Study Highlights Geographical Differences in Cervical Cancer Incidence
Beth Fand Incollingo
States with the highest incidence of, and mortality from, cervical cancer also have the lowest uptake of the human papillomavirus (HPV) vaccine by adolescent girls, researchers found in a recent study. The vaccine can help prevent the development of cervical, anal, vaginal and vulvar cancers.
The study was presented at a conference on the Science of Cancer Health Disparities in Racial/Ethnic Minorities and the Medically Underserved, hosted by the American Association for Cancer Research.
In addition to the association of a lower HPV vaccination rate with higher percentages of black and lower-income residents, “Our data show that adolescent girls remain vulnerable to disease in areas where women already have a higher risk of developing and dying from cervical cancer. If more adolescents, both girls and boys, in these states received an HPV vaccine, their risk of HPV-related cancers would drop dramatically,” says Jennifer L. Moss, a doctoral student in the Department of Health Behavior at the University of North Carolina Gillings School of Global Public Health.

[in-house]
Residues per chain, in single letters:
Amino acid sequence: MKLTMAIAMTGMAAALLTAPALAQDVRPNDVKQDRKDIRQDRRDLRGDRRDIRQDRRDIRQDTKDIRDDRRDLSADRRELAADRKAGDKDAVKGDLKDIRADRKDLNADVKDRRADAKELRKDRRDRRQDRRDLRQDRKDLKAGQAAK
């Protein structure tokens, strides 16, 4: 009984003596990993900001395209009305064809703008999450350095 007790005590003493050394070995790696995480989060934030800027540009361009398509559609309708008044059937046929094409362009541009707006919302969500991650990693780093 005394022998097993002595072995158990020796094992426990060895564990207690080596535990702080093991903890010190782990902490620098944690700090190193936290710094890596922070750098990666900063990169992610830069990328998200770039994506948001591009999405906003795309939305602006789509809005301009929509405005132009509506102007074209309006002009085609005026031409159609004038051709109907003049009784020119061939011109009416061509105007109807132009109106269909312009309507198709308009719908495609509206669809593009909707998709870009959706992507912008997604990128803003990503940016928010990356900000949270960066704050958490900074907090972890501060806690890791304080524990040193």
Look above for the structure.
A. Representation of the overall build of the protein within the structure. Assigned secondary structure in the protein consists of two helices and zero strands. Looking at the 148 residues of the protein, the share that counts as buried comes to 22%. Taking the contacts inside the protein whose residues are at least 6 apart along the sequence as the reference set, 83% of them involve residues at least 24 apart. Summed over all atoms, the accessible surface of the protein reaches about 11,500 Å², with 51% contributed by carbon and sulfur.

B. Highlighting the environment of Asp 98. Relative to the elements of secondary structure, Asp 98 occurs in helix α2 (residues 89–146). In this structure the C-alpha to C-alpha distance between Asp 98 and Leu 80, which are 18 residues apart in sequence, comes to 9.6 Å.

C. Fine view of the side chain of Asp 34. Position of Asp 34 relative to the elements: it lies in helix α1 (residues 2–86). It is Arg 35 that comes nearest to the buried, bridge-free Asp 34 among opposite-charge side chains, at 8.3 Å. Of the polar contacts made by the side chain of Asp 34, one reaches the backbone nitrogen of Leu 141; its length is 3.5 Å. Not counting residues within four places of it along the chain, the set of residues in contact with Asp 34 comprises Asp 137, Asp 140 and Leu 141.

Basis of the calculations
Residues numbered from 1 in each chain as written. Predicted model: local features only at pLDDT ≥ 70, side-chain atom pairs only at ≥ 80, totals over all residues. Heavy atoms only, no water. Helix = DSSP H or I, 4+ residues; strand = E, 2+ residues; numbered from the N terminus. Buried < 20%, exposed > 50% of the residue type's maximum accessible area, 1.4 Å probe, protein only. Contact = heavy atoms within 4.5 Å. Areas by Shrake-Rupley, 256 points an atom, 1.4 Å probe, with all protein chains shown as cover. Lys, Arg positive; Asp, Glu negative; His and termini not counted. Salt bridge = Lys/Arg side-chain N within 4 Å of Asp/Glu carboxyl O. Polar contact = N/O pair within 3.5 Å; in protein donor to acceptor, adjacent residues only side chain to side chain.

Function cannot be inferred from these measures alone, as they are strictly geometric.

“We hope that the findings of our study impress upon clinicians, especially those practicing in states with higher cancer rates, that cancer prevention means recommending HPV vaccination to adolescent patients at every visit.”